Title

Carolingian diplomacy and the dynamic pursuit of legitimacy

Date of Completion

January 1996

Keywords

History, European|History, Medieval

Degree

Ph.D.

Abstract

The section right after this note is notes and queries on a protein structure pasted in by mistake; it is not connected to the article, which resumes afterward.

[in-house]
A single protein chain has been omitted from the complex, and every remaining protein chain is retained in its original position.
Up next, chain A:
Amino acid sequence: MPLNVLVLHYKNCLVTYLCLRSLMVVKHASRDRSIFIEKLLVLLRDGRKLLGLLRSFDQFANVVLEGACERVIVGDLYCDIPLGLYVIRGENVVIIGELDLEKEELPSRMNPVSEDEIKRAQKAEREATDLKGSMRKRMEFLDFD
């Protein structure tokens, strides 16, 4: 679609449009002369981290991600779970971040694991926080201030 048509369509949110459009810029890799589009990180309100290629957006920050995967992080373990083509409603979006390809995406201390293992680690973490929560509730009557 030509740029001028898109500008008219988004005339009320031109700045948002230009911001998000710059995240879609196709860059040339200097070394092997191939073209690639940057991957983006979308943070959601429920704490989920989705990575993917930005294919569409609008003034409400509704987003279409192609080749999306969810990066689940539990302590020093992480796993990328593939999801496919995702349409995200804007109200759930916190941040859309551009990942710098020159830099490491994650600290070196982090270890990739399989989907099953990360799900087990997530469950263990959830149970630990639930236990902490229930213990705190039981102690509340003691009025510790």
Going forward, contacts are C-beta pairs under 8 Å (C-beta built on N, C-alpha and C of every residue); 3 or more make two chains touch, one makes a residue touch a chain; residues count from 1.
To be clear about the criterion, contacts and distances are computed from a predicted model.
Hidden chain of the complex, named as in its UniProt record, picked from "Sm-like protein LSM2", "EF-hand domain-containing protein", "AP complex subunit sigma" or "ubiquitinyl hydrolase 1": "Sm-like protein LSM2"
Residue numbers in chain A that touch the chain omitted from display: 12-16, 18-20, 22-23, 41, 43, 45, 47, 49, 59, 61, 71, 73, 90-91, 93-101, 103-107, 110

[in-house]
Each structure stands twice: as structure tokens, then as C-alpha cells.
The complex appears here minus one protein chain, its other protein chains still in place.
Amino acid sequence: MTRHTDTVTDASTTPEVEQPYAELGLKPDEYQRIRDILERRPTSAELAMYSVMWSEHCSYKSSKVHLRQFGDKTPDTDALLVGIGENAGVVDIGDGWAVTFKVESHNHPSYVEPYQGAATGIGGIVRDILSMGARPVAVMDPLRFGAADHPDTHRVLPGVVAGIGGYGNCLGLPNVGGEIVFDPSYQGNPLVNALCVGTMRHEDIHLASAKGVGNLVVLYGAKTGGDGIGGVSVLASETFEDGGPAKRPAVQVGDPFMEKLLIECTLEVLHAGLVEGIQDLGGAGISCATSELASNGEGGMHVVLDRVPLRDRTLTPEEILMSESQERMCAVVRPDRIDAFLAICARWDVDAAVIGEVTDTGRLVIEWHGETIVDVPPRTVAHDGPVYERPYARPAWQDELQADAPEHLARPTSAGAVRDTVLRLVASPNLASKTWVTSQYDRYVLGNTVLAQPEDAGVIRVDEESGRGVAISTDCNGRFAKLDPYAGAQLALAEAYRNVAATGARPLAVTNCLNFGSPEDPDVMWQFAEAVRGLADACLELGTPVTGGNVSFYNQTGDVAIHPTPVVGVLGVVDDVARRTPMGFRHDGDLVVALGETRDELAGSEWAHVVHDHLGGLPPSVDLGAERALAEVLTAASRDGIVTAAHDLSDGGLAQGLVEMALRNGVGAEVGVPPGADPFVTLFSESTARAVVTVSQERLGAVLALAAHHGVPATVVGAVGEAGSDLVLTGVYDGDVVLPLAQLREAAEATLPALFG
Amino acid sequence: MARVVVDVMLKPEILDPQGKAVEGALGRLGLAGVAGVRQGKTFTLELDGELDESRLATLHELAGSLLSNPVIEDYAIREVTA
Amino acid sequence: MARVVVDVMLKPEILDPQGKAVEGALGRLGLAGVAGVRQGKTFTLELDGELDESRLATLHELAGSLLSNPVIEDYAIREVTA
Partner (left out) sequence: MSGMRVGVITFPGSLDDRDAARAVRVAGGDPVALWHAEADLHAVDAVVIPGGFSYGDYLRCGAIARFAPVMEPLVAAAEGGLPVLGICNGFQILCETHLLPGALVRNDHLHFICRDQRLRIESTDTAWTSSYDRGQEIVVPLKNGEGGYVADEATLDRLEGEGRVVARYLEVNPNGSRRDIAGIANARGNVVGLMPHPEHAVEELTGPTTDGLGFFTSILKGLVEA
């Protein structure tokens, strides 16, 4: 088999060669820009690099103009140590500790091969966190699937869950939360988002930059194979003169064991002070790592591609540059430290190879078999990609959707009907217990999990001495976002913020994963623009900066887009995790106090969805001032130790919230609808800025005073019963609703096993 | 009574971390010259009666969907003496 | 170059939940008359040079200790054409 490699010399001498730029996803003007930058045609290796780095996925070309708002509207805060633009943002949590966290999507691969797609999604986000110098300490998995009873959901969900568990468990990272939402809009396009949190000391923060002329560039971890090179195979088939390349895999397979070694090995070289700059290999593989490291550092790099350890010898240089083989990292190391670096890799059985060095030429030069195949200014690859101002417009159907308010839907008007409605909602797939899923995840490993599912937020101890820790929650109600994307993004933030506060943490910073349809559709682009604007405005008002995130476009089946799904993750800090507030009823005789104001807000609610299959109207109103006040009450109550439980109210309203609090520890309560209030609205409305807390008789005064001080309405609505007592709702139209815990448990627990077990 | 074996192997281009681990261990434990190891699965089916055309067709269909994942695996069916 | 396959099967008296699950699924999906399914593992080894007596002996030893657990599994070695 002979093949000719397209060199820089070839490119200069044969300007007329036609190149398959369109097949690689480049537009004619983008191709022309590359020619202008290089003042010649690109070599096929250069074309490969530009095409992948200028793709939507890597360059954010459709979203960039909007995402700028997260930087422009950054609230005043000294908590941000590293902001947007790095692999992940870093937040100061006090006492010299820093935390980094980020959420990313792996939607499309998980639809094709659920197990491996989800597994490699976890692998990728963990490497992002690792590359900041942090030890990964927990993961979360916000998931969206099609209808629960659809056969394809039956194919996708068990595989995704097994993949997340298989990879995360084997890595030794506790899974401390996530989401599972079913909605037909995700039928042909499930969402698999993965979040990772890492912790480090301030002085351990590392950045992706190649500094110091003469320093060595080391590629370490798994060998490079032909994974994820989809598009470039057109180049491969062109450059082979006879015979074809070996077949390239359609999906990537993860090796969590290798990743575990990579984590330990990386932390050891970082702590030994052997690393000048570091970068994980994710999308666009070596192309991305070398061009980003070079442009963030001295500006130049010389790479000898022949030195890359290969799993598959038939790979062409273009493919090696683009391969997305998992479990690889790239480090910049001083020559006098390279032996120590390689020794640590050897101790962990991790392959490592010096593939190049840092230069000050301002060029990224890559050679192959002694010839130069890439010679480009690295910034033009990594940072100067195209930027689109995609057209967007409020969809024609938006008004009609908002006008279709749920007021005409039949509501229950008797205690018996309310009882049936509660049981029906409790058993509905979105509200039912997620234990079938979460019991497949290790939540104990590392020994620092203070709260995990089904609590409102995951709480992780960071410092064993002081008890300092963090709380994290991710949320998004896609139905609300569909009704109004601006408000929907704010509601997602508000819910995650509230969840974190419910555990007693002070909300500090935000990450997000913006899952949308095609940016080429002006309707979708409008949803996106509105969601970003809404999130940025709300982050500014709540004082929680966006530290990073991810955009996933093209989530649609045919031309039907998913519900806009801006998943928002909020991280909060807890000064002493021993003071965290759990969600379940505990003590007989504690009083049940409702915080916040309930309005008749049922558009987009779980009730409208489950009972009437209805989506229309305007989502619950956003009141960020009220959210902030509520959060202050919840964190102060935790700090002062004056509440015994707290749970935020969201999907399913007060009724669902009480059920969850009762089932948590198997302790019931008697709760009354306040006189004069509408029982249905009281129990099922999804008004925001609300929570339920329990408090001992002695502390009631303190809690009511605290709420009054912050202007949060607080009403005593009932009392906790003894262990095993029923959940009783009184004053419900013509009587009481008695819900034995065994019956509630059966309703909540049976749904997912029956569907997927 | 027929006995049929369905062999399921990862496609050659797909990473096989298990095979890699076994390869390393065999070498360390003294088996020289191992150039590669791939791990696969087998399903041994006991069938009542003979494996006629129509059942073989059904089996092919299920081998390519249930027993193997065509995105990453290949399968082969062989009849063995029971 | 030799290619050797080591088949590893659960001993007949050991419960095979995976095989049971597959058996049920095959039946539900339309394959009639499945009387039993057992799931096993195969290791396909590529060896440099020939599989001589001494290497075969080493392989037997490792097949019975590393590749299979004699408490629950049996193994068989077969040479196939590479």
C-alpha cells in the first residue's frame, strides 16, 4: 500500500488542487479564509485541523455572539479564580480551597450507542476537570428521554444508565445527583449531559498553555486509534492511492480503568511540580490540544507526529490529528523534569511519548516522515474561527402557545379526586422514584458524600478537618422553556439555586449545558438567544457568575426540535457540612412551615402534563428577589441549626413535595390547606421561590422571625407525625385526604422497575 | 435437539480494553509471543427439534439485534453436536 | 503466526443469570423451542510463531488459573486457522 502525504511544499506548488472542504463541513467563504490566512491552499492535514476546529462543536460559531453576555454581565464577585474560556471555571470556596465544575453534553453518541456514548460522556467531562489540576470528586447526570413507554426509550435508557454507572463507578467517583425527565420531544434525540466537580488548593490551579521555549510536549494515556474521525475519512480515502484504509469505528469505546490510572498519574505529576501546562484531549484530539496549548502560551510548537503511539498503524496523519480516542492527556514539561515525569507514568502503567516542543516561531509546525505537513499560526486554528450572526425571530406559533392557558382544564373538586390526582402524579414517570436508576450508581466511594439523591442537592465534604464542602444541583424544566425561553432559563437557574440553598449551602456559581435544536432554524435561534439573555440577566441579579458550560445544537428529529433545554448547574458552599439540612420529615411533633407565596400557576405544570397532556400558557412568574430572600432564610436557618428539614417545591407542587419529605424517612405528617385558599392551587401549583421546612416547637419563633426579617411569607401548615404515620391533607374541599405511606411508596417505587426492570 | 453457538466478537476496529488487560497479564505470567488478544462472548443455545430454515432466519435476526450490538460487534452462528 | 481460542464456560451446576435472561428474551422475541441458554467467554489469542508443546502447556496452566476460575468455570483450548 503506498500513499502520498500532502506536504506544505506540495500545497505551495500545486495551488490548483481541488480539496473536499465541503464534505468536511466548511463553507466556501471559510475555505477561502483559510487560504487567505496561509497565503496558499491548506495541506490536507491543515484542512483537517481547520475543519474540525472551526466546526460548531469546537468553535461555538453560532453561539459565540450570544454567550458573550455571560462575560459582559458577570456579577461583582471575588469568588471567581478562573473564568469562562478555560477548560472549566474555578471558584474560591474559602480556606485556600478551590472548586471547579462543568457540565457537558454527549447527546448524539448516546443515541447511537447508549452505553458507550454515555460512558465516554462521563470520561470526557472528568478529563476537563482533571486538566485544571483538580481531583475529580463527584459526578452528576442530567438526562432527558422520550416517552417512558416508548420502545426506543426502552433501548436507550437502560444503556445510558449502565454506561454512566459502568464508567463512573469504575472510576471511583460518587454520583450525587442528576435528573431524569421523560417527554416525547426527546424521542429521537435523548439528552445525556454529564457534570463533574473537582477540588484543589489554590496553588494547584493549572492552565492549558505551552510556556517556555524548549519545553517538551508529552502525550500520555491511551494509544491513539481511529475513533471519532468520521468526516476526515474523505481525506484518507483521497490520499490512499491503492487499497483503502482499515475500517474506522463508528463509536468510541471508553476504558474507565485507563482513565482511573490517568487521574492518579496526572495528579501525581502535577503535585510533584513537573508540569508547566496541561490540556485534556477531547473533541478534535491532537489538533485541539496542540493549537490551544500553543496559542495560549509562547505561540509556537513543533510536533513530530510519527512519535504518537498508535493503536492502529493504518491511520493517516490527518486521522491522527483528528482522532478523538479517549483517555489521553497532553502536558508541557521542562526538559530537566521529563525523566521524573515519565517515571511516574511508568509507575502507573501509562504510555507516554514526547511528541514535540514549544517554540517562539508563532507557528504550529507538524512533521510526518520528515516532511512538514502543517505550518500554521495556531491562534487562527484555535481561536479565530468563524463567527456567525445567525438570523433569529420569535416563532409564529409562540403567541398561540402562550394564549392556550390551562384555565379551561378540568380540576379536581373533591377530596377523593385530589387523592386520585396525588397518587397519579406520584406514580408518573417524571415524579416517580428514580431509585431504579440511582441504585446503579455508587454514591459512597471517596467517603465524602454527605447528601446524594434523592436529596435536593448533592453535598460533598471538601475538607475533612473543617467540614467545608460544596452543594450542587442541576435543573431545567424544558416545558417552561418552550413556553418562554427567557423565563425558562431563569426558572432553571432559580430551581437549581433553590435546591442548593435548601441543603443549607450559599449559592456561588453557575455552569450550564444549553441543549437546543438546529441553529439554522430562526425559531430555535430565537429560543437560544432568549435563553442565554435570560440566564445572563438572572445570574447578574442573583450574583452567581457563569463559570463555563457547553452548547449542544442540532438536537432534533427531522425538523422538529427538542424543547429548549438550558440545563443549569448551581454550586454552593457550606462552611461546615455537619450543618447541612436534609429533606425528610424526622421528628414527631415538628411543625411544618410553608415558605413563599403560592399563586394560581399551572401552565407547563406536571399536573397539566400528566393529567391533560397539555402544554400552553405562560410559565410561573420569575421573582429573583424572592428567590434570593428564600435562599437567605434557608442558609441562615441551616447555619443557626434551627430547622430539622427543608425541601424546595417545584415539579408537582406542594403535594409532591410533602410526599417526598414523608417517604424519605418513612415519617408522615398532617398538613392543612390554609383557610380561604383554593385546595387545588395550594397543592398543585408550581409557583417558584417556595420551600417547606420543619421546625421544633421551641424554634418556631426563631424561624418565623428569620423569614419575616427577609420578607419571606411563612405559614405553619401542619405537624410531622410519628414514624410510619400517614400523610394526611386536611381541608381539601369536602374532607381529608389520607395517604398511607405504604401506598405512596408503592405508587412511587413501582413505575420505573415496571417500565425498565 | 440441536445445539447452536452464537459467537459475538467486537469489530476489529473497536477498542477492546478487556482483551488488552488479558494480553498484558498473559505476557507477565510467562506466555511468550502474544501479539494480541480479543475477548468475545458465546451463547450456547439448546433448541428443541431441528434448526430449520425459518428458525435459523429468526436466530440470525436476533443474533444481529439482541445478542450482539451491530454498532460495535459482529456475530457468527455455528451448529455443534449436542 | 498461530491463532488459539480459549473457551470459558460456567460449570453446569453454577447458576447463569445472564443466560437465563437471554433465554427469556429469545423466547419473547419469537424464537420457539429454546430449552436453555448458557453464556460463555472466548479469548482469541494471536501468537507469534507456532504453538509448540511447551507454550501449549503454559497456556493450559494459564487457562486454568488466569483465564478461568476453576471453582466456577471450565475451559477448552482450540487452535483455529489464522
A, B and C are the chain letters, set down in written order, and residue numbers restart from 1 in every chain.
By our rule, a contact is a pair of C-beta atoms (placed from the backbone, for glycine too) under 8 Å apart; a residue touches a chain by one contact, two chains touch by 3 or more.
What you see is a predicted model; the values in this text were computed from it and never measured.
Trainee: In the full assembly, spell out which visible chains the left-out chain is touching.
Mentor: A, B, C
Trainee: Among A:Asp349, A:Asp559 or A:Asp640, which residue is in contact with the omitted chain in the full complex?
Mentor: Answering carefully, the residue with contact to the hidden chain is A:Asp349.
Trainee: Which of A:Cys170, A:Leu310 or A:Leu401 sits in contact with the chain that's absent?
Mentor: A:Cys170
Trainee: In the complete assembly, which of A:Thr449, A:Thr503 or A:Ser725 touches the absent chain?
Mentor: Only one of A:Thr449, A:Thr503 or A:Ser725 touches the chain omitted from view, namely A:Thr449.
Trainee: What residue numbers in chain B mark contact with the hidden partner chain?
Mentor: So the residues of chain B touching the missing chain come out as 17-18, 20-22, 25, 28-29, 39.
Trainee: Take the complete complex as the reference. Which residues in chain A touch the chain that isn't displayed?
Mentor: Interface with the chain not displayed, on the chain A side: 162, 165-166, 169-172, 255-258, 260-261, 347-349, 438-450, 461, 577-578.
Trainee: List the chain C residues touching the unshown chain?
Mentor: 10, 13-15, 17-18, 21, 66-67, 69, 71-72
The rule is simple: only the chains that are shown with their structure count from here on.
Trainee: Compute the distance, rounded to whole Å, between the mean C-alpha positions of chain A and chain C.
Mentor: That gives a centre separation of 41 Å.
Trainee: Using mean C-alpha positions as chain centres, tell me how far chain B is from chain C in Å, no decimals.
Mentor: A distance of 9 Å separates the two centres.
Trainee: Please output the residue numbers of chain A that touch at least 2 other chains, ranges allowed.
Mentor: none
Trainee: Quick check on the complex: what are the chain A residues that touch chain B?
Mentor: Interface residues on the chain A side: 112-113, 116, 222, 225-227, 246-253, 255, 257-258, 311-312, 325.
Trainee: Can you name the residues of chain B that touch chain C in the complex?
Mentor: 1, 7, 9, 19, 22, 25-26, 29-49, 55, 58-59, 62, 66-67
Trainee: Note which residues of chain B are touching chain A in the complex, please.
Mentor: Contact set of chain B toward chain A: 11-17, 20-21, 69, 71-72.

In the eighth and ninth centuries, under the newly risen Carolingian dynasty, Peppin the Short and Charlemagne needed to establish their legitimacy as Frankish rulers. While Peppin usurped the Merovingian throne and exerted his power over the unwilling Bavarians and Aquitanians, his successor Charlemagne stole the inheritance of his nephews (half of the Frankish realms), seized the Lombard throne, and forced the Beneventans, the Saxons, the Bavarians, and the Aquitanians to accept him as their sovereign. Although these leaders possessed the military strength to seize their power and their vast holdings, they needed legitimacy to secure them.^ The purpose of this dissertation is to examine the nature of Carolingian diplomacy in pursuit of that goal. While many recent studies have emphasized the complexity and and dynamism of Carolingian social and economic life, the older view of Carolingian politics and diplomacy as essentially static still prevails. This study shows that Carolingian diplomacy was complex and rarely static as Carolingian rulers attempted to define their authority and status in relation to the Byzantine emperors and the Roman popes. Peppin used papal approval as a means to designate a new line of kings, and Charlemagne sought a Byzantine grant of imperium. In addition the Carolingians emphasized their adherence to orthodoxy as a means to prove their legitimacy and, eventually, their superiority to the pope and the emperor. During this age, friendships and alliances were forged and broken with great regularity, and diplomatic objectives and methods changed in accordance with the outcome of events.^ This study has developed a new dynamic model for understanding Carolingian diplomacy through the use of a wide range of sources from the Carolingian age (such as papal letters, chronicles, archaeological findings, royal capitularies, treatises, poems, biographies, and histories) and by emphasizing the importance of Byzantine involvement in Carolingian affairs. In addition, this study has acknowledged that there were multiple perspectives of what constituted legitimacy and has avoided using anachronistic concepts and terminology (such as "papacy"). The result is a thesis that demonstrates the complexity of Carolingian thought and diplomacy. ^